or his servant, or his maid, or his ox, or his donkey,
or anything that is your neighbor’s.

Source: Everett Fox 1995

German:
Ich
bin dein Gott,
der ich dich führte aus dem Land Ägypten, aus dem Haus der Dienstbarkeit.
Nicht sei dir
andere Gottheit
mir ins Angesicht.
Nicht mache dir Schnitzgebild, —
und alle Gestalt,
die im Himmel oben, die auf Erden unten, die im Wasser unter der Erde ist,
neige dich ihnen nicht,
diene ihnen nicht,
denn Ich dein Gott
bin ein eifernder Gottherr,
zuordnend Fehl von Vätern ihnen an Söhnen, am dritten und vierten Glied,
denen die mich hassen,
aber Huld tuend ins tausendste
denen die mich lieben,
denen die meine Gebote wahren.

Trage nicht
Seinen deines Gottes Namen
auf das Wahnhafte,
denn nicht straffrei läßt Er ihn,
der seinen Namen auf das Wahnhafte trägt.

Gedenke
des Tags der Feier, ihn zu heiligen.
Ein Tagsechst diene und mache all deine Arbeit,
aber der siebente Tag
ist Feier Ihm, deinem Gott:
nicht mache allerart Arbeit,
du, dein Sohn, deine Tochter,
dein Dienstknecht, deine Magd, dein Tier,
und dein Gastsasse in deinen Toren.
Denn ein Tagsechst
machte Er
den Himmel und die Erde, das Meer und alles, was in ihnen ist,
am siebenten Tag aber ruhte er,
darum segnete Er den Tag der Feier, er hat ihn geheiligt.

Ehre
deinen Vater und deine Mutter,
damit sich längern deine Tage
auf dem Ackerboden, den Er4 dein Gott dir gibt.

Morde nicht.

Buhle nicht.

Stiehl nicht.

Aussage nicht
gegen deinen Genossen als Lügenzeuge.

Begehre nicht das Haus deines Genossen,
begehre nicht das Weib deines Genossen,
seinen Knecht, seine Magd, seinen Ochsen, seinen Esel,
noch allirgend was deines Genossen ist.

Source: Buber / Rosenzweig 1976

French:
« Moi-même, IHVH-Adonaï, ton Elohîms qui t’ai fait sortir
de la terre de Misraîm, de la maison des serfs,
il ne sera pas pour toi d’autres Elohîms contre mes faces.
Tu ne feras pour toi ni sculpture ni toute image
de ce qui est dans les ciels en haut, sur la terre en bas,
et dans les eaux sous terre.
Tu ne te prosterneras pas devant elles et ne les serviras pas.
Oui, moi-même, IHVH-Adonaï, ton Elohîms, Él ardent
je sanctionne le tort des pères sur les fils,
jusqu’au troisième et au quatrième cycle pour mes haineux,
Mais je fais chérissement jusqu’au millième à mes amants,
aux gardiens de mes ordres.
Tu ne porteras pas le nom de IHVH-Adonaï, ton Elohîms, en vain:
car, IHVH-Adonaï n’innocente pas qui porte son nom en vain.
Souviens-toi du jour du shabat pour le consacrer.
Tu travailleras six jours: fais tout ton ouvrage.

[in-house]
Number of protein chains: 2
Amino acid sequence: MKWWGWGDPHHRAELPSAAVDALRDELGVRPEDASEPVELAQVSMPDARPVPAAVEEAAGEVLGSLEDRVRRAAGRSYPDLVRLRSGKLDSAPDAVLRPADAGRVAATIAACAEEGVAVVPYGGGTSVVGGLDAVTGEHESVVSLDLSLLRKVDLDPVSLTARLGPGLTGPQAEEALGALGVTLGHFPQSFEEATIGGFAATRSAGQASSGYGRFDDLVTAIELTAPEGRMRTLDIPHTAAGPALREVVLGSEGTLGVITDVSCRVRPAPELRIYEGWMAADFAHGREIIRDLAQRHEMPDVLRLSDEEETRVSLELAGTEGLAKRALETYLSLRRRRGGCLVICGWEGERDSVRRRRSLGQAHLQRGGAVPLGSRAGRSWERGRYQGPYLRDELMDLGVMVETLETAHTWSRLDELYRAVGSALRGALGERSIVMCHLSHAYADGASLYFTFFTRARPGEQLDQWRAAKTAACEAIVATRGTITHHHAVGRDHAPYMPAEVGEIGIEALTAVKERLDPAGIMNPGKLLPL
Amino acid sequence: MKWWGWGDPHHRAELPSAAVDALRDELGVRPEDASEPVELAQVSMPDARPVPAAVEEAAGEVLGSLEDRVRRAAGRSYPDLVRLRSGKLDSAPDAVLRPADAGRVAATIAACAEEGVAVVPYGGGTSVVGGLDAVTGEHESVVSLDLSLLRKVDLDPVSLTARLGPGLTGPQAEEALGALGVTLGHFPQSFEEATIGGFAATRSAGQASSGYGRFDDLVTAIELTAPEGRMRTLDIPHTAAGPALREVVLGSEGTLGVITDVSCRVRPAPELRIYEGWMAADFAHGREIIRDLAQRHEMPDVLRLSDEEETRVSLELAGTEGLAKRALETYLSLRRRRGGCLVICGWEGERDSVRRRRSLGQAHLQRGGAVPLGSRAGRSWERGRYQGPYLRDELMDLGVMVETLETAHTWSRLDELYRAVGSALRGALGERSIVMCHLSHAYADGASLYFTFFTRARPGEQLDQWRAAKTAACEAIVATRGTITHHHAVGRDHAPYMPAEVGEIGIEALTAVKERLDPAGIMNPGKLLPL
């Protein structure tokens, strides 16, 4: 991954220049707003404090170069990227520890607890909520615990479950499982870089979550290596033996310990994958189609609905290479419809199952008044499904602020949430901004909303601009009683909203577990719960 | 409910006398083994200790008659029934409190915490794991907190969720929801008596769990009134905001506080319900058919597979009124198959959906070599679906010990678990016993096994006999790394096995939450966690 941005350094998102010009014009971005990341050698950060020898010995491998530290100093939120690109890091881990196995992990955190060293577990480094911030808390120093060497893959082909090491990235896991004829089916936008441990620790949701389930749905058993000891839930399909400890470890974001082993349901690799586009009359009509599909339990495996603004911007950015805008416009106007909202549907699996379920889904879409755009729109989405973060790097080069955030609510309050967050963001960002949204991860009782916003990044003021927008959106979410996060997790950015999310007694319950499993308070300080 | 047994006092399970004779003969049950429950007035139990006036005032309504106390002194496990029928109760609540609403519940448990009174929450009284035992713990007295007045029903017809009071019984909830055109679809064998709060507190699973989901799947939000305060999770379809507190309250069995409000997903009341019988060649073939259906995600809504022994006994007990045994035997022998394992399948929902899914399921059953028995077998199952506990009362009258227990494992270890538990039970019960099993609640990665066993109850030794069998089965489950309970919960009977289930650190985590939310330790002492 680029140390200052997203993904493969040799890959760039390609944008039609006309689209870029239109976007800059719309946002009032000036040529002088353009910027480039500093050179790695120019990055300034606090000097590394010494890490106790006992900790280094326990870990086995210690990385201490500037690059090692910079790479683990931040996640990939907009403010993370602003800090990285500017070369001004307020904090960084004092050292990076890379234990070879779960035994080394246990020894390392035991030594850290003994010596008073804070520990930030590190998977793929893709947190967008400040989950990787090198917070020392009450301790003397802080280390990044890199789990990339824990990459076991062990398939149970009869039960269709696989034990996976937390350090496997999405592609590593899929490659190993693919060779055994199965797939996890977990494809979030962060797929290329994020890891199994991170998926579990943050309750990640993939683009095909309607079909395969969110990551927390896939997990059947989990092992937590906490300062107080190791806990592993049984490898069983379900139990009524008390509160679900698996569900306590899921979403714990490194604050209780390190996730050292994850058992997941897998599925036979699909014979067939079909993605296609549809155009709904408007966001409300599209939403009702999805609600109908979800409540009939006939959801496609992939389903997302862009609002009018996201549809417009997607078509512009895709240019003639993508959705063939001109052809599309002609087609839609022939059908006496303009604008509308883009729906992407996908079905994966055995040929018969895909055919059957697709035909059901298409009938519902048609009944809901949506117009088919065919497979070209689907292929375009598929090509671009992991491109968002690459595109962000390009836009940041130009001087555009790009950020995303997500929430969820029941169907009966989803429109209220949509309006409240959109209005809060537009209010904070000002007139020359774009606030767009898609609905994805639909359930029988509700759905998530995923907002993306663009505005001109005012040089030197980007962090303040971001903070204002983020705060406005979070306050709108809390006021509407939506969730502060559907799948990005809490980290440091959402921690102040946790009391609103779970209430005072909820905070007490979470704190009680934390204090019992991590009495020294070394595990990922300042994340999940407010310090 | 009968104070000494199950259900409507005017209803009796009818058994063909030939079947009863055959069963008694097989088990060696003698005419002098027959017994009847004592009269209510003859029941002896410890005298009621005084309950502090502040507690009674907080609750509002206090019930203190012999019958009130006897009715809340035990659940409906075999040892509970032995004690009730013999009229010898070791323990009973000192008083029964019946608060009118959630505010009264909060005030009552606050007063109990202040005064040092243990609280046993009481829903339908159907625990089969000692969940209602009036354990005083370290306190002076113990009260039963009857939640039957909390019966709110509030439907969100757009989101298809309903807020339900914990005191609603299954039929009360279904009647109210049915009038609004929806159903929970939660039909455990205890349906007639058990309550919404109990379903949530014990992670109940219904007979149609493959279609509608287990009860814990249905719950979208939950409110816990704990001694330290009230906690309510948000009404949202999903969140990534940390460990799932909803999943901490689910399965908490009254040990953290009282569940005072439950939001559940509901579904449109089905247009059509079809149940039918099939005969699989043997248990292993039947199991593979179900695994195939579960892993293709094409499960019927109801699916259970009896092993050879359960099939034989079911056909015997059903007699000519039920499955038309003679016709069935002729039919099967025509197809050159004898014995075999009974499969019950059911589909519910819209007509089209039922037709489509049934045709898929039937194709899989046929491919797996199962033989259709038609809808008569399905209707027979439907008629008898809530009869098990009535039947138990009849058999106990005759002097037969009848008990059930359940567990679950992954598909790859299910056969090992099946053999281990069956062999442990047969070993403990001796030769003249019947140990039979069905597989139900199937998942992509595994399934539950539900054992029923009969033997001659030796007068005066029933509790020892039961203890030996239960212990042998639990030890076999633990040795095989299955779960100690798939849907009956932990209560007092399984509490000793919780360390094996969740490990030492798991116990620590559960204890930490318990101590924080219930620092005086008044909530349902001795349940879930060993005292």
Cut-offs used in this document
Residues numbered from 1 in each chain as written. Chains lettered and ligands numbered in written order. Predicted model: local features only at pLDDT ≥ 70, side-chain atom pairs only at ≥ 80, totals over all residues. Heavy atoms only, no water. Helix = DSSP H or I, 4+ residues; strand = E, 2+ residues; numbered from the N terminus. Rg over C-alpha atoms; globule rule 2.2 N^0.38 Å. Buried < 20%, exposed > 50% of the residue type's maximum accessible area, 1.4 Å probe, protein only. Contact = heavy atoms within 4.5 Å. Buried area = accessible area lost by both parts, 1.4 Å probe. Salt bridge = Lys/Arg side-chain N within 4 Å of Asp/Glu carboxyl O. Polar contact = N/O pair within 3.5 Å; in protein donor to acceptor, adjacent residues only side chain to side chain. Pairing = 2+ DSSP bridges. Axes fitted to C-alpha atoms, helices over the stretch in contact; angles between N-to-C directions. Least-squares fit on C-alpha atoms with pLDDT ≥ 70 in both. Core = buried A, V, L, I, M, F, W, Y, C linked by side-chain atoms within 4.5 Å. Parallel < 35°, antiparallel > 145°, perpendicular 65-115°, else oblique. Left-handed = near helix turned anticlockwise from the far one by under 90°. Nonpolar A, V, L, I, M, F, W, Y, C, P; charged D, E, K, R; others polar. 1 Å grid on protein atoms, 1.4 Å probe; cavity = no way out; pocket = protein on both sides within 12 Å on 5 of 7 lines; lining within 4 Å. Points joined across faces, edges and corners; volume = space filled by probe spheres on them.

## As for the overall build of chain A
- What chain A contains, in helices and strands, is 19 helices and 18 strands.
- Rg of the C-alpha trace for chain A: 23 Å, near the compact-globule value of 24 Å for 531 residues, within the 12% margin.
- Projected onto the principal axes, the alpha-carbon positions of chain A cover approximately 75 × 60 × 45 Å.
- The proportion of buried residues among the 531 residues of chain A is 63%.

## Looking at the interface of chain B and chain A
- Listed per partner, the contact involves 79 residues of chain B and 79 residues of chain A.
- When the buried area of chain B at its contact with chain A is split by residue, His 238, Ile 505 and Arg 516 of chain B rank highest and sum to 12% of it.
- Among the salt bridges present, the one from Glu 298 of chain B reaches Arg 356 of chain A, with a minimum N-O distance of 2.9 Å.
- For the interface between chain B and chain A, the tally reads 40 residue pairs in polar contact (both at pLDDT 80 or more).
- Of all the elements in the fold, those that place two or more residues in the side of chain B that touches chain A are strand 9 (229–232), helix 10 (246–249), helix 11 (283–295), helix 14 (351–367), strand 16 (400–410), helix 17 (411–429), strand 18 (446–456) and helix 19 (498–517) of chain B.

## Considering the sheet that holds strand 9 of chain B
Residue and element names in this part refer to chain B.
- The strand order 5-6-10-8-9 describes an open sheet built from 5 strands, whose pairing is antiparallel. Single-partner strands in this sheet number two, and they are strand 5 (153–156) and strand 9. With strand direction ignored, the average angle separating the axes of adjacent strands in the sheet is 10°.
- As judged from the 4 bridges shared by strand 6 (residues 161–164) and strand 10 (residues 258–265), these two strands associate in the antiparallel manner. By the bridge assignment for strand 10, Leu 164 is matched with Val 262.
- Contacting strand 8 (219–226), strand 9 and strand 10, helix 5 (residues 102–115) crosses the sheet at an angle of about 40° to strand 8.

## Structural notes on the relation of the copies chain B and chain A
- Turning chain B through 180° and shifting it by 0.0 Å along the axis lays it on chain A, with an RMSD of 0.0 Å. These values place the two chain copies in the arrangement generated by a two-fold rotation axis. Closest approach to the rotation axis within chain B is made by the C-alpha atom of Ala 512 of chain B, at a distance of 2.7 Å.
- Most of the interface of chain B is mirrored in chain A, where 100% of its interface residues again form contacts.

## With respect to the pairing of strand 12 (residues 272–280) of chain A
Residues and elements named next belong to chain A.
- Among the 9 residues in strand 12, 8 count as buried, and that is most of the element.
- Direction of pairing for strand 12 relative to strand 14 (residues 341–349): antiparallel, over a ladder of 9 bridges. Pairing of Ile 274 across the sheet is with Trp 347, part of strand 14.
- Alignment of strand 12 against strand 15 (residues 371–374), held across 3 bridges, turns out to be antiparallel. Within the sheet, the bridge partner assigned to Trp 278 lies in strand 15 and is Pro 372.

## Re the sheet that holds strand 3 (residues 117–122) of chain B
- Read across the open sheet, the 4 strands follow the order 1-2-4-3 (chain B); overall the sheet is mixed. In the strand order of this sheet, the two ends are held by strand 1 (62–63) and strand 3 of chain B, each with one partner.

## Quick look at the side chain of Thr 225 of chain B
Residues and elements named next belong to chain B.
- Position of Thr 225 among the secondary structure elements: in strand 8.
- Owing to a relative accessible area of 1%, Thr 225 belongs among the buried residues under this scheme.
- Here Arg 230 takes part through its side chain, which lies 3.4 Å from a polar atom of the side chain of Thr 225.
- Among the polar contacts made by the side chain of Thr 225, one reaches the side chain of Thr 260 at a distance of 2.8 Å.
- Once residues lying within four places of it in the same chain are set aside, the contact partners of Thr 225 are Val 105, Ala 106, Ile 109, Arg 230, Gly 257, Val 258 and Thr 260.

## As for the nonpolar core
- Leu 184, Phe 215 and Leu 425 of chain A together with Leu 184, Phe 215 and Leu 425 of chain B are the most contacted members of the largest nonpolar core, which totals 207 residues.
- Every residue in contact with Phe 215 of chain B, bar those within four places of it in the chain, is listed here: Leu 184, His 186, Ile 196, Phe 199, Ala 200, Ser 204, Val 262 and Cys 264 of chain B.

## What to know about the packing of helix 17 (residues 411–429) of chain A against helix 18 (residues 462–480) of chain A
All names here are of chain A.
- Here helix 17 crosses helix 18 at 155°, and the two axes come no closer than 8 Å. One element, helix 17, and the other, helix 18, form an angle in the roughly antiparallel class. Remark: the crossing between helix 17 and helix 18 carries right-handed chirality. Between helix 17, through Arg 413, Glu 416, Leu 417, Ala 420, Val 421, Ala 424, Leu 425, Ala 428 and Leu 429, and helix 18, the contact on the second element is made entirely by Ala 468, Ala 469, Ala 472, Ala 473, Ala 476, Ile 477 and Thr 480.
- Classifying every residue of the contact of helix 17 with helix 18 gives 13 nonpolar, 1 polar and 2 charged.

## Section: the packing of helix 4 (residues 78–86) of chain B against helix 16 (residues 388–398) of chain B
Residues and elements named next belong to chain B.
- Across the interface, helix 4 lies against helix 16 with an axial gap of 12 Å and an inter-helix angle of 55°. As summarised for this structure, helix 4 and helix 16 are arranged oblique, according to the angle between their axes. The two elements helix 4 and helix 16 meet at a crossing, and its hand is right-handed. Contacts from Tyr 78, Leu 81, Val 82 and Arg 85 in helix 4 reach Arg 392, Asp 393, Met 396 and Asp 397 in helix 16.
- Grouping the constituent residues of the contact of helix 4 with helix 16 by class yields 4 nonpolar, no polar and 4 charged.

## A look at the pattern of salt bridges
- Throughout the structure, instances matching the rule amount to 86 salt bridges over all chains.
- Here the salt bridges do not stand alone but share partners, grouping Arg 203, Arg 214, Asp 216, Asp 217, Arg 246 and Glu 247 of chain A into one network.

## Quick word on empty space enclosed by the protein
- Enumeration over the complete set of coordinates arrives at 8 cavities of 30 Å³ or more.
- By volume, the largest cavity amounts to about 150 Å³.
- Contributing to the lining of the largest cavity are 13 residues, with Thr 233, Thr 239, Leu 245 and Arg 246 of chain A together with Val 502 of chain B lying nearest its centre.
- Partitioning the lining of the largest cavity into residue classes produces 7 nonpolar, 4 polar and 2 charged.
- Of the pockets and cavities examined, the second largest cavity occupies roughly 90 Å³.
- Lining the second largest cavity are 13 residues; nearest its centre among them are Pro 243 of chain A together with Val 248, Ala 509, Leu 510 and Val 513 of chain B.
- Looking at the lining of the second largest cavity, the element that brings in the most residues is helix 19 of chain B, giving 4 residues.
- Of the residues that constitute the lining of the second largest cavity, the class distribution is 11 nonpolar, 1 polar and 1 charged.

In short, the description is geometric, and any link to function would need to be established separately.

Le septième jour, shabat pour IHVH-Adonaï, ton Elohîms,
tu ne feras aucun ouvrage, toi, ton fils, ta fille,
ton serviteur, ta servante, ta bête,
ton métèque qui est en tes portes.
Oui, six jours, IHVH-Adonaï a fait les ciels et la terre,
la mer et tout ce qui y est,
puis il s’est reposé le septième jour,
sur quoi IHVH-Adonaï a béni le jour du shabat et il le consacre.
Glorifie ton père et ta mère, pour que se prolongent
tes jours sur la glèbe que IHVH-Adonaï, ton Elohîms, te donne.
Tu n’assassineras pas.
Tu n’adultéreras pas.
Tu ne voleras pas.
Tu ne répondras pas contre ton compagnon en témoin de mensonge.
Tu ne convoiteras pas la maison de ton compagnon,
tu ne convoiteras pas la femme de ton compagnon,
son serviteur, sa servante, son boeuf, son âne,
et tout ce qui est à ton compagnon. »
Et c’est au soir, la caille monte, elle couvre le camp,
et le matin, c’était une couche de rosée autour du camp.
La couche de rosée monte, et voici: sur les faces du désert,
une croûte fine, fine comme givre sur la terre.
Les Benéi Israël voient et disent, chaque homme à son frère:
« Mân hou ? Qu’est-ce ? » Non, ils ne savaient pas ce que c’était.
Moshè leur dit:
« C’est le pain que IHVH-Adonaï vous donne en nourriture. »

Source: Chouraqui 1985

translations with a Hebraic voice (Exodus 34:35)

Some translations specifically reproduce the voice of the Hebrew text of the Old Testament / Hebrew Bible.

English:
the Children of Israel would see Moshe’s face,
that the skin of Moshe’s face was radiating;
but then Moshe would put back the veil on his face,
until he came in to speak with him.

Source: Everett Fox 1995

German:
sahen die Söhne Jissraels Mosches Antlitz,
daß die Haut des Antlitzes strahlte;
dann aber legte Mosche den Schleier wieder über sein Antlitz,
bis er kam, mit ihm zu reden.

Source: Buber / Rosenzweig 1976

French:
Les Benéi Israël voient les faces de Moshè:
oui, la peau des faces de Moshè rayonnait.
Moshè retourne le voile sur ses faces,
jusqu’à sa venue pour parler avec lui.

Source: Chouraqui 1985

Peter - rock